Monday, February 7, 2011

Sweeps stuff

Despite all the changes in our industry, we're still pretty much under the thumb of the ratings and the three sweeps months of February, May and November. Some things have changed over the years; the public now understands the concept of sweeps, and they know everyone will go all out during these three months. Of course, smart NDs know that you're in sweeps all year... most viewers don't change their habits for one month. You build an audience over time by doing a solid job every day.

That said, you guys are still expected to go the extra mile. In some stations, the sweeps calendar will be checked with the daily numbers; how did that expose on killer escalators fare on a Wednesday night? In some cases, you're at the mercy of the promotions department, your network lead-in, or both. You might knock out a terrific package on the stairway to death, but if your newscast follows a real dog on the network's prime time lineup, it might not matter.

In reality, what does matter is the effort you put into your sweeps stories and the final product. So, a few things you can do to take things to another level.

-Do a standup. It's amazing that I have to even say this, but television reporters are expected to be seen on camera. I continue to see a majority of packages that are done sans standup, the reporter a disembodied voice that could belong to anyone. The viewer needs to connect the voice with the face, and the face with the story, and that story needs to add to your brand. No more excuses here: if you're continuing to say to yourself, "I couldn't think of a standup" or "I didn't have time" you're not trying hard enough. Would you go out on a date with someone based on a voice, or do you need to see the person? The viewer feels the same way. The viewer needs a relationship with you, and needs to know what you look like in order to do that.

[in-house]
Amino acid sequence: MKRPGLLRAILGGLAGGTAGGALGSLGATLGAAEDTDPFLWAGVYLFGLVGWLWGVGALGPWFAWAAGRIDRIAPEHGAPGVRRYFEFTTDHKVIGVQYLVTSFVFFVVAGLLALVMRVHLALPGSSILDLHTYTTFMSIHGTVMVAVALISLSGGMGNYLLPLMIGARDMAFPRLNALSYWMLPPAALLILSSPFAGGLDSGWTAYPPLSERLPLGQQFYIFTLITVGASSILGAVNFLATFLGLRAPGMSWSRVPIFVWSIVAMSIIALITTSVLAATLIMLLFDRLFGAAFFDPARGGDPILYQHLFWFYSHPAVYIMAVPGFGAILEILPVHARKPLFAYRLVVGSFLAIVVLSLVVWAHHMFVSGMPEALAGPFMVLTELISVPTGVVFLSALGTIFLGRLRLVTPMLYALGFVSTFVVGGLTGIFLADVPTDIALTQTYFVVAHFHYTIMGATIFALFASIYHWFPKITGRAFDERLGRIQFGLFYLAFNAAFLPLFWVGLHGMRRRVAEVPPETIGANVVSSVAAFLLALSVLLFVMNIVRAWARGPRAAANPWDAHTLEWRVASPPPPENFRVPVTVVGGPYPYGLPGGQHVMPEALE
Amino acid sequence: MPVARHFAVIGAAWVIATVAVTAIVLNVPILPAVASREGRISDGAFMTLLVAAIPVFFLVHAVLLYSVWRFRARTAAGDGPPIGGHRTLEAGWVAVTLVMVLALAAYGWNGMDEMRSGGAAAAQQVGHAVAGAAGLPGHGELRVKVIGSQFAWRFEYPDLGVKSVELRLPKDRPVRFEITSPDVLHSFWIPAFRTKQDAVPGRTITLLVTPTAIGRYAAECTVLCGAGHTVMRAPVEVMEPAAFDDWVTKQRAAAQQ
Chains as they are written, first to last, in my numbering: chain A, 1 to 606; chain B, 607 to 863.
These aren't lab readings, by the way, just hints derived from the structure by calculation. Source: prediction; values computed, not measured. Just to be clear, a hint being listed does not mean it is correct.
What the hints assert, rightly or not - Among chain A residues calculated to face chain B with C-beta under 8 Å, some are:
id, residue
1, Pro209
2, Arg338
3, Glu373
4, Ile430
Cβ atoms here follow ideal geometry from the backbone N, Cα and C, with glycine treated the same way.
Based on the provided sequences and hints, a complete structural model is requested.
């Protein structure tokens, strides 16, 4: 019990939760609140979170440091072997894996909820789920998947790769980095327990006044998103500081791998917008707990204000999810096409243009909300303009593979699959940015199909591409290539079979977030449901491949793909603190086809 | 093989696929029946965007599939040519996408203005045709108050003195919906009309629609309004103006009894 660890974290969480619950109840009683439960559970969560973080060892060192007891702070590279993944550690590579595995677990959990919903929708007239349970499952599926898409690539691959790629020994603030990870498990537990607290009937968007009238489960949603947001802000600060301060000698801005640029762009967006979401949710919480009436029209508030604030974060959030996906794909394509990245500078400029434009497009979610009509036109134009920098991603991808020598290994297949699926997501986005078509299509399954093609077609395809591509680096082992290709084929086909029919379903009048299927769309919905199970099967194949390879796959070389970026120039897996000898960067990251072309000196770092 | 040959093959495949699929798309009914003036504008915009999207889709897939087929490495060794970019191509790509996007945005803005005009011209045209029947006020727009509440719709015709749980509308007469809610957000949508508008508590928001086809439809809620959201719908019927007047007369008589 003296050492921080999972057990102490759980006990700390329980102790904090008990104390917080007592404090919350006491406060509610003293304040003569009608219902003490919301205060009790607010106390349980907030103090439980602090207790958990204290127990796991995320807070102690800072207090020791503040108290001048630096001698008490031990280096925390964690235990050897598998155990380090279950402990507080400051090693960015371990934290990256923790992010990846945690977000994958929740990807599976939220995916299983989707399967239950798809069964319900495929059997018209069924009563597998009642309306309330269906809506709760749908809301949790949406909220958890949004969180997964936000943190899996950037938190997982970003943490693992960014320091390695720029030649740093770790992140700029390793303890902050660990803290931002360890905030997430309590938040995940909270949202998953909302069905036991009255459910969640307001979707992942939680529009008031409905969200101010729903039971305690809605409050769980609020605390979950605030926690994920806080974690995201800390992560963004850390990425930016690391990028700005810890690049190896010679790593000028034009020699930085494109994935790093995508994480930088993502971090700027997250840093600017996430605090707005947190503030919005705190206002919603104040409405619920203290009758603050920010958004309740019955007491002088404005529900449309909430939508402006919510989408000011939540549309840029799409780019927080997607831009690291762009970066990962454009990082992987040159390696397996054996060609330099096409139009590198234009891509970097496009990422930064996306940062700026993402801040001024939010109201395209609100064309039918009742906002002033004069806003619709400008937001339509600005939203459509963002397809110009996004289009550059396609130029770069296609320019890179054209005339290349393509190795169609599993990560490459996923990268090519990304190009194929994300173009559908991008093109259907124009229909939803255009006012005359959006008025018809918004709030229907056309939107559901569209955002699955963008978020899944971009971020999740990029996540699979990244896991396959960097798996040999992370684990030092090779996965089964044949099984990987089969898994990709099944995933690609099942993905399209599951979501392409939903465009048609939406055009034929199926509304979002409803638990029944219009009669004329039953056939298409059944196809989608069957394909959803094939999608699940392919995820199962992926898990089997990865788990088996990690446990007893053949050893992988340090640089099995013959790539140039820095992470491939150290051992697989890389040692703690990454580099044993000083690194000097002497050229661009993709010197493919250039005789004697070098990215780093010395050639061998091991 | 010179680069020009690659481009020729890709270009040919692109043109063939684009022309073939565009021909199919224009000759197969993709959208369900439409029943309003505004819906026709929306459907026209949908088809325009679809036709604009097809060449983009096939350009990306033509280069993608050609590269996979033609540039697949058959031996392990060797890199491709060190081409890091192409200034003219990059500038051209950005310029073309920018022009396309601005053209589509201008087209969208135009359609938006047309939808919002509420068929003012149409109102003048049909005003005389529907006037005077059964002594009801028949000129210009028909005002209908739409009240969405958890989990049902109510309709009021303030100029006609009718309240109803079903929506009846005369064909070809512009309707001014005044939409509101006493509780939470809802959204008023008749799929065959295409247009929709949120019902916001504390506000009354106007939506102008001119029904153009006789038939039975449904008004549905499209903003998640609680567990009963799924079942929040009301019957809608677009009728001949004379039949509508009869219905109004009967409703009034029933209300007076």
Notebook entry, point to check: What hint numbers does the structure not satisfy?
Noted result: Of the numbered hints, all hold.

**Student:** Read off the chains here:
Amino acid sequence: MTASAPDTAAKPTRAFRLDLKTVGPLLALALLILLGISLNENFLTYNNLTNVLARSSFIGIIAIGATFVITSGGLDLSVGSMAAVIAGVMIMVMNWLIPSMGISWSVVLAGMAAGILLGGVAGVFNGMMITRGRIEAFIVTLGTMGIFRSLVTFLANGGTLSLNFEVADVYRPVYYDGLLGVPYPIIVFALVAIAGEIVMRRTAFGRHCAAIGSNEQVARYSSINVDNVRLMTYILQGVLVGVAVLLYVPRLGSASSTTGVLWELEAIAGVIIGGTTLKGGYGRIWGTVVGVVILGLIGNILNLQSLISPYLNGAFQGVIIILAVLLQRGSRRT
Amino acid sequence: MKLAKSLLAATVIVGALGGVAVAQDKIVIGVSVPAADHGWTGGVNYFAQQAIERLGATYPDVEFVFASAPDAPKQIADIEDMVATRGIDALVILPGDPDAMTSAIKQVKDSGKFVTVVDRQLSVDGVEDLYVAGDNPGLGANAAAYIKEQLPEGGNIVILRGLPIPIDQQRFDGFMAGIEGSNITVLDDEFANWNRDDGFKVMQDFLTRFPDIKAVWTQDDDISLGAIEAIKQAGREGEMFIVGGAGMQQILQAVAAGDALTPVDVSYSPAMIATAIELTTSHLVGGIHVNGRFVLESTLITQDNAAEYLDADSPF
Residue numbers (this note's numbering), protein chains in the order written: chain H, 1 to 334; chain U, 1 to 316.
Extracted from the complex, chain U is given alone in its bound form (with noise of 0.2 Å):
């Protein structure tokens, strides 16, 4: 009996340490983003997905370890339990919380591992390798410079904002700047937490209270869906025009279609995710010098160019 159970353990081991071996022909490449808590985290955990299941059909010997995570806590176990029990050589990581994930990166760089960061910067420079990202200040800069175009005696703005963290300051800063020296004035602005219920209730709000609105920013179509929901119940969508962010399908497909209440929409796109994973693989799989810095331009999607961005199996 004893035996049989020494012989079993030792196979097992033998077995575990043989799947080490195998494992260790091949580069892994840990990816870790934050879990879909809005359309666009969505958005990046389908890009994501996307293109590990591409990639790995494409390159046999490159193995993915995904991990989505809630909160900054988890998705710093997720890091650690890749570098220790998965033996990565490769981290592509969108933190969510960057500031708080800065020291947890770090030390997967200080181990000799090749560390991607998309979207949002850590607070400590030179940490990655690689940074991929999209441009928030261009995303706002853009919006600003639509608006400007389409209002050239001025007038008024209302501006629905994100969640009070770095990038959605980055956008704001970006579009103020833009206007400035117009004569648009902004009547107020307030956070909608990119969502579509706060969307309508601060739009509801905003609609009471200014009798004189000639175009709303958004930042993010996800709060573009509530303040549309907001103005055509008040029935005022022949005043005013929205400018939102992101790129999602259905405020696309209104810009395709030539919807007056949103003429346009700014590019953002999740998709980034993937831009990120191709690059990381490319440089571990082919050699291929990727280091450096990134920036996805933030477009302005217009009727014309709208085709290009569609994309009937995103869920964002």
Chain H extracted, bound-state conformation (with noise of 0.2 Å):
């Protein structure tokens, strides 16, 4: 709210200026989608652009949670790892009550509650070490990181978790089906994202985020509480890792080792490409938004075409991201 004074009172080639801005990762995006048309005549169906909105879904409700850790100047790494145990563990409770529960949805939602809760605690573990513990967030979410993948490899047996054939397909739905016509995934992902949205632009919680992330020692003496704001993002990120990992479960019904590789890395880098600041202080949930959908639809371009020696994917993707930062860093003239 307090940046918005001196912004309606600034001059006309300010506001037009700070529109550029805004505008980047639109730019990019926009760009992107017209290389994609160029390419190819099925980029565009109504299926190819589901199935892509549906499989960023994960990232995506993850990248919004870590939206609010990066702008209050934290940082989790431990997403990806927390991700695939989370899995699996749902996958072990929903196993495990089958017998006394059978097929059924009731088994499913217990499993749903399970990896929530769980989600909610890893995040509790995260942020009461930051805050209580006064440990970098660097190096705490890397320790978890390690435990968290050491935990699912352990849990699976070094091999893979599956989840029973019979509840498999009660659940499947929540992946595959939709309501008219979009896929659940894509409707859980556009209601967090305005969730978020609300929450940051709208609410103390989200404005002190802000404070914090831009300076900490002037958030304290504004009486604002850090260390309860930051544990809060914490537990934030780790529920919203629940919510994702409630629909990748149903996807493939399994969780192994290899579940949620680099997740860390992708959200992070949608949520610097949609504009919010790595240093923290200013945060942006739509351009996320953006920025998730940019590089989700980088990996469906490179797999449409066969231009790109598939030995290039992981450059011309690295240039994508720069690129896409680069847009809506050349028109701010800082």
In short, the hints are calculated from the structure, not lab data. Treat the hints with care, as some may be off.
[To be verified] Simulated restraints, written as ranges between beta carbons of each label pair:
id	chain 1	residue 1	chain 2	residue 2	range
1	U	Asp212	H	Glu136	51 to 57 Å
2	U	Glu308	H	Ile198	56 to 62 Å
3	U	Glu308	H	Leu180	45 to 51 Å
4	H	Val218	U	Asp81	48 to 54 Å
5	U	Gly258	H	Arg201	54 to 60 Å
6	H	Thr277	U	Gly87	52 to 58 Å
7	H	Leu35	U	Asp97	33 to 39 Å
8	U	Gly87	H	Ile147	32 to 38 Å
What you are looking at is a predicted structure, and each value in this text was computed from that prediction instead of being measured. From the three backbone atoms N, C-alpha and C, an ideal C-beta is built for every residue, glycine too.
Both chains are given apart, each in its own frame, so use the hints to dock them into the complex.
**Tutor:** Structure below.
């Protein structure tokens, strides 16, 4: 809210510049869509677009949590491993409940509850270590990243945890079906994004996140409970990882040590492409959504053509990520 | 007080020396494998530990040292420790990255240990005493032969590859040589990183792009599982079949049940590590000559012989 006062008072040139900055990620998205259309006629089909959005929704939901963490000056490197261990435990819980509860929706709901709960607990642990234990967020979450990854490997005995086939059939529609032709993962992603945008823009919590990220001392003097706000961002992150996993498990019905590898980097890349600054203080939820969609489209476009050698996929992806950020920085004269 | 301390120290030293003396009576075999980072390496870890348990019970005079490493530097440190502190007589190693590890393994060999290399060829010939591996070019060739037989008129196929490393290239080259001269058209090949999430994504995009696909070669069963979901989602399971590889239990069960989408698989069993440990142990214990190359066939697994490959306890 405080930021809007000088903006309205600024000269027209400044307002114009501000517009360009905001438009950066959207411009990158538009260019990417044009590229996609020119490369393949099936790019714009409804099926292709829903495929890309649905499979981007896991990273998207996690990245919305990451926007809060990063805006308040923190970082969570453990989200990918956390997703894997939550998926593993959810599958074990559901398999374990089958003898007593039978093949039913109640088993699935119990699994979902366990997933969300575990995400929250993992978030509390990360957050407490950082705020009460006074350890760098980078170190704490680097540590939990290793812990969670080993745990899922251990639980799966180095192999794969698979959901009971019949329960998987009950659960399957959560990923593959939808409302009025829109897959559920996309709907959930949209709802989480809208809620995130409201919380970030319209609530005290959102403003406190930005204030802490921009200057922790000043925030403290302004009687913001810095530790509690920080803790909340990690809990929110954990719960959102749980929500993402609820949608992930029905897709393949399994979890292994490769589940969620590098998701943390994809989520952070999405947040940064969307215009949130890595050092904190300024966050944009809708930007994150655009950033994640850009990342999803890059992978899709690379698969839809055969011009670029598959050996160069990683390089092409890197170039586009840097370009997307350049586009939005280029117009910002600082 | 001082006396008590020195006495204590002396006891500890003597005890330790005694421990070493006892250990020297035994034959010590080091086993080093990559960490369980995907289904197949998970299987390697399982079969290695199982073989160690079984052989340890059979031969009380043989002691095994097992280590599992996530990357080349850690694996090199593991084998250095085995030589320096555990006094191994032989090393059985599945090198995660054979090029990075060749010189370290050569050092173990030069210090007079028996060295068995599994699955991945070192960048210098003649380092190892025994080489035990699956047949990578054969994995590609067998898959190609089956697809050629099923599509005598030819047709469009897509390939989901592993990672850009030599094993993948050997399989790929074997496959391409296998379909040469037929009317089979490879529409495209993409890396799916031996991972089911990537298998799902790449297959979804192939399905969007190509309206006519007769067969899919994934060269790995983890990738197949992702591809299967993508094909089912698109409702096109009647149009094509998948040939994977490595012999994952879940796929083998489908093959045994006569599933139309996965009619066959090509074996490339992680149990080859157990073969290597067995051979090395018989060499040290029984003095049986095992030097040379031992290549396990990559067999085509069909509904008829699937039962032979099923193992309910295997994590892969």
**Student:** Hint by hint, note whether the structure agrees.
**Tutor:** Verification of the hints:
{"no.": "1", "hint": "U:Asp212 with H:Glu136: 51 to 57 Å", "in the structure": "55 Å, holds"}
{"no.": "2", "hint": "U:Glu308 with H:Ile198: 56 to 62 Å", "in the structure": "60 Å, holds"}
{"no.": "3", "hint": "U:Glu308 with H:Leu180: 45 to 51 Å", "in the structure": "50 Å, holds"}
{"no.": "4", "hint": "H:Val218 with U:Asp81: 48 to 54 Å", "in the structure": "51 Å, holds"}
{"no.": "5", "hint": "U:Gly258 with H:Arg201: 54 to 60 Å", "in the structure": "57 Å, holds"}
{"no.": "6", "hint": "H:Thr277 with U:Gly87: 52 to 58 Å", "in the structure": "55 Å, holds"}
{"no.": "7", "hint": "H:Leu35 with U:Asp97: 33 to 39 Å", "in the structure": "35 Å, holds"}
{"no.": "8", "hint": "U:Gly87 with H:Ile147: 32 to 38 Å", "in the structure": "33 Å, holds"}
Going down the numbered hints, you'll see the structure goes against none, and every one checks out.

-Use a tripod. This isn't MTV. It's news. Don't make the viewers reach for the dramamine.

-Interview more than one person for your story. Journalism 101, guys. Find the second point of view, and the third, and the fourth.

-Use your voice to convey your interest, emotion or both. You need to sound as though you're totally into the story. If you sound interested, the viewer will be interested.

-Give your promotions department (if you have one) good stuff to work with. Take the time to point out the good shots, to explain the story, even to offer ideas of what might be the most promotable part of your story.

-Go over your ideas on how you might cover the story with your ND or a veteran on the staff.

-Really put some effort into edition. Nat sound, quick cuts, and avoiding jump cuts can really help a package look good.

Got all that? Fine. Now do it every day, regardless of whether or not we're in sweeps.


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